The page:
This quote is significant when analyzing the scene in which Montag says to his wife and her friends, ““You’re nothing but zombies, all of you… You’re not living, you’re just killing time!” He starts reading to them, which not only scares them but makes one of the women start to cry from them emotional strength of words that flood the pages of books. Millie is livid with him and says, “All those words, idiotic words, evil words that hurt people….isn’t there enough trouble as it is? Why disturb people with that sort of filth?” These women live in such a distorted world of ideals and censorship that they have allowed the government to take full control and demand of their mindsets, values and viewpoints. They depend on screen media to the highest degree, mirror their ideas of beauty and habits by what they see in the media, similar to today in that individuals seek out similar images of popular celebrities and mirror the way they dress, act, and live according to the mediums they favor (magazine, celebrity shows, or films).

Regardless of the fact that all books are burned in the movie, some individuals still remain willing to sacrifice everything they have to ensure that books, which carry out necessary elements of knowledge and morals over filtered screen play, remain alive. Montag becomes one of these individuals to question his social position when he talks to Clarisse about beauty, nature and love, watches a woman die with her books, and witnesses his wife suffer in the depths of television and grow into someone he does not even know anymore. Ultimately, Montag desires more knowledge, education and intellect thus he contacts Professor Faber who helps him on his way to redeeming his personal humanity.

The Name of the Rose(1986)
Director: Jean-Jacques Annaud
Sean Connery
F. Murry Abraham
Christian Slater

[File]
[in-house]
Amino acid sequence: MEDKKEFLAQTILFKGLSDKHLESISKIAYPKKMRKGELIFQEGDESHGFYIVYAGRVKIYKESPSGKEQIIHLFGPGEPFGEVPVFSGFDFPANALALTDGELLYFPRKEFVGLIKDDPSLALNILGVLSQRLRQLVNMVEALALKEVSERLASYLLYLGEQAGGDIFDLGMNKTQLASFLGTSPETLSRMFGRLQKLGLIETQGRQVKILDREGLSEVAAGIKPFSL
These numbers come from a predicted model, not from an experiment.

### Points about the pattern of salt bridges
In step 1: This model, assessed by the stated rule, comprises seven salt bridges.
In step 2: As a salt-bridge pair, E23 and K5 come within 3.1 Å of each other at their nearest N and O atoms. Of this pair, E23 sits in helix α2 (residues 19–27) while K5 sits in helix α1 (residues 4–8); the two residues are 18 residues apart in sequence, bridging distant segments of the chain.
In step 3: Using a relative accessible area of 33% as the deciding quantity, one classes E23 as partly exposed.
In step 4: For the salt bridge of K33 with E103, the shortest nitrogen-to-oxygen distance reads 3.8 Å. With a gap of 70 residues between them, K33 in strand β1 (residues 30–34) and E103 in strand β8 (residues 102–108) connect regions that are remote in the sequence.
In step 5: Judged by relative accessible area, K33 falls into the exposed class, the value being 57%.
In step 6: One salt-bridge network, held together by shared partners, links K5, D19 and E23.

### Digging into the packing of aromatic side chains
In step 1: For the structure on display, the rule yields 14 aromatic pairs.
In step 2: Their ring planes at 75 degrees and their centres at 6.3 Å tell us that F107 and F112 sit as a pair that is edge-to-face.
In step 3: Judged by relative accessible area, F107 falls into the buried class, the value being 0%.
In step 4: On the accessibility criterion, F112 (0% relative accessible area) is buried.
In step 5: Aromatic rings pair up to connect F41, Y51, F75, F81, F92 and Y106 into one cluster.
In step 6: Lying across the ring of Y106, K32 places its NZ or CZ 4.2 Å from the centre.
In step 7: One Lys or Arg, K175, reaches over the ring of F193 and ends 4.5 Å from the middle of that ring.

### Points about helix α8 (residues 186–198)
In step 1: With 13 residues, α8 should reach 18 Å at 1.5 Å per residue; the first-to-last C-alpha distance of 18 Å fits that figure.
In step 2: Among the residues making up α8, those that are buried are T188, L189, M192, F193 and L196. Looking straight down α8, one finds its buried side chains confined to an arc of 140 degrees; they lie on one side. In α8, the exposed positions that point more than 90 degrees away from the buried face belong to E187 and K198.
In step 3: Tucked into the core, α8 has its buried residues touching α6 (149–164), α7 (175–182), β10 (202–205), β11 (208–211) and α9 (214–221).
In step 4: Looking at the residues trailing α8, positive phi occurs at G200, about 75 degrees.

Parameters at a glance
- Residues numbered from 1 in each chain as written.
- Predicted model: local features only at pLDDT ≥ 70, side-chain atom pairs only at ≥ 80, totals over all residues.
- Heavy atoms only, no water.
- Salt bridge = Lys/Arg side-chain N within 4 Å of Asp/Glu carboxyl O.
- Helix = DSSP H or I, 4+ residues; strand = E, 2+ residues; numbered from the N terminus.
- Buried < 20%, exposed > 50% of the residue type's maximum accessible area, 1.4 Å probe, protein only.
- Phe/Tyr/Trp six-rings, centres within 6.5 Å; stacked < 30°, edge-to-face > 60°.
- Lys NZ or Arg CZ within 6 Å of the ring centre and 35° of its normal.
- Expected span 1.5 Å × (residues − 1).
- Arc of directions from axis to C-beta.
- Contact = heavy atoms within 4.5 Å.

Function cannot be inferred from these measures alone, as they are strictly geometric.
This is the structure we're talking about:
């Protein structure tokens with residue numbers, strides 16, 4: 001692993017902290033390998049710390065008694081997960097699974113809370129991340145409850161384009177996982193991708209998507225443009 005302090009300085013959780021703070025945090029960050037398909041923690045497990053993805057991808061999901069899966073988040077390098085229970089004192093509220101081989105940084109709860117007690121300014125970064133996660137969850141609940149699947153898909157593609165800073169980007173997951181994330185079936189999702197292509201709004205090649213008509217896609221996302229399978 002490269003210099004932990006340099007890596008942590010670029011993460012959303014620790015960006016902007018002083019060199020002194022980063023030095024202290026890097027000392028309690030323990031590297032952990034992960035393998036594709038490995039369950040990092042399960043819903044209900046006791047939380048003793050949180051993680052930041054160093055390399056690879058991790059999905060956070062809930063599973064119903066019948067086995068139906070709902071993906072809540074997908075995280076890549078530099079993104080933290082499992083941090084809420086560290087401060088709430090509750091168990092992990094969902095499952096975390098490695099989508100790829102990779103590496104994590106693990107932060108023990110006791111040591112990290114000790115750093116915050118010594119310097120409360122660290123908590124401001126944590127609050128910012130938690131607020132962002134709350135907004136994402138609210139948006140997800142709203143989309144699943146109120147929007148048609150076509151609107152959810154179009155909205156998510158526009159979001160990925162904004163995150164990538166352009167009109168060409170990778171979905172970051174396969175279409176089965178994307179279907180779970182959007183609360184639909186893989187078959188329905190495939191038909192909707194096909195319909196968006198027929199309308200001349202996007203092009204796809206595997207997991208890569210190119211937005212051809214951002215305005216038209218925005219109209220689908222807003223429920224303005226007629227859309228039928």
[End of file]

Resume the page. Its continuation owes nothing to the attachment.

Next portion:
The-Name-of-the-Rose-1986Umberto Eco
Fig.1: The Name of The Rose is based on the book written by Unberto Eco

The core of The Name of the Rose (Fig. 1) is a simple mystery of a murder case that occurred in ancient Northern Italy. One day, a young monk died mysteriously and the murderer continued after William, who was Franciscan friar and known for his wisdom as well as Adso, his apprentice, who visited the monastery. They are convinced to help them solve the horrible event, and consequently, they figured out a secret book that killed people and is the reason of murder. This movie refers to many historical individuals and events, yet, more importantly to our class, to the role of books before technology, as a forbidden book is the key to solve the murders.

First, since it was the age before the printer appeared, there was still an old-fashioned way of producing books in the monastery. People who worked there were the illuminators, translators, librarians and so forth. They copied the original books to pass down to the next generation in order to contain all the significant information.  All victims were the workers of the library system and therefore had access to read the banned books in this film.

Fig. 2: He is mad at the monks who are laughing him

Then, why was the book put under strict censorship? You can find the answer in the scene in which William and Adso visit the library in the monastery to see what they do, since the first victim was a famous illuminator.  In this scene, when the blind librarian enters the room as working monks are laughing, he scolds them and says, “A monk should not laugh. Only the fool lifts up his voice in laughter” in Latin (Fig.2). The librarian strongly believes that laughter is a sin and Christ  never laughed. The truth is that the hidden book is funny thus it can trigger laughter to its readers, which the librarian, the culprit, believes is sinful. William, however, argued that, “A laughter is particular to man.” For that, the librarian, hid the book so secretly that no one could commit an act of betrayal to their God.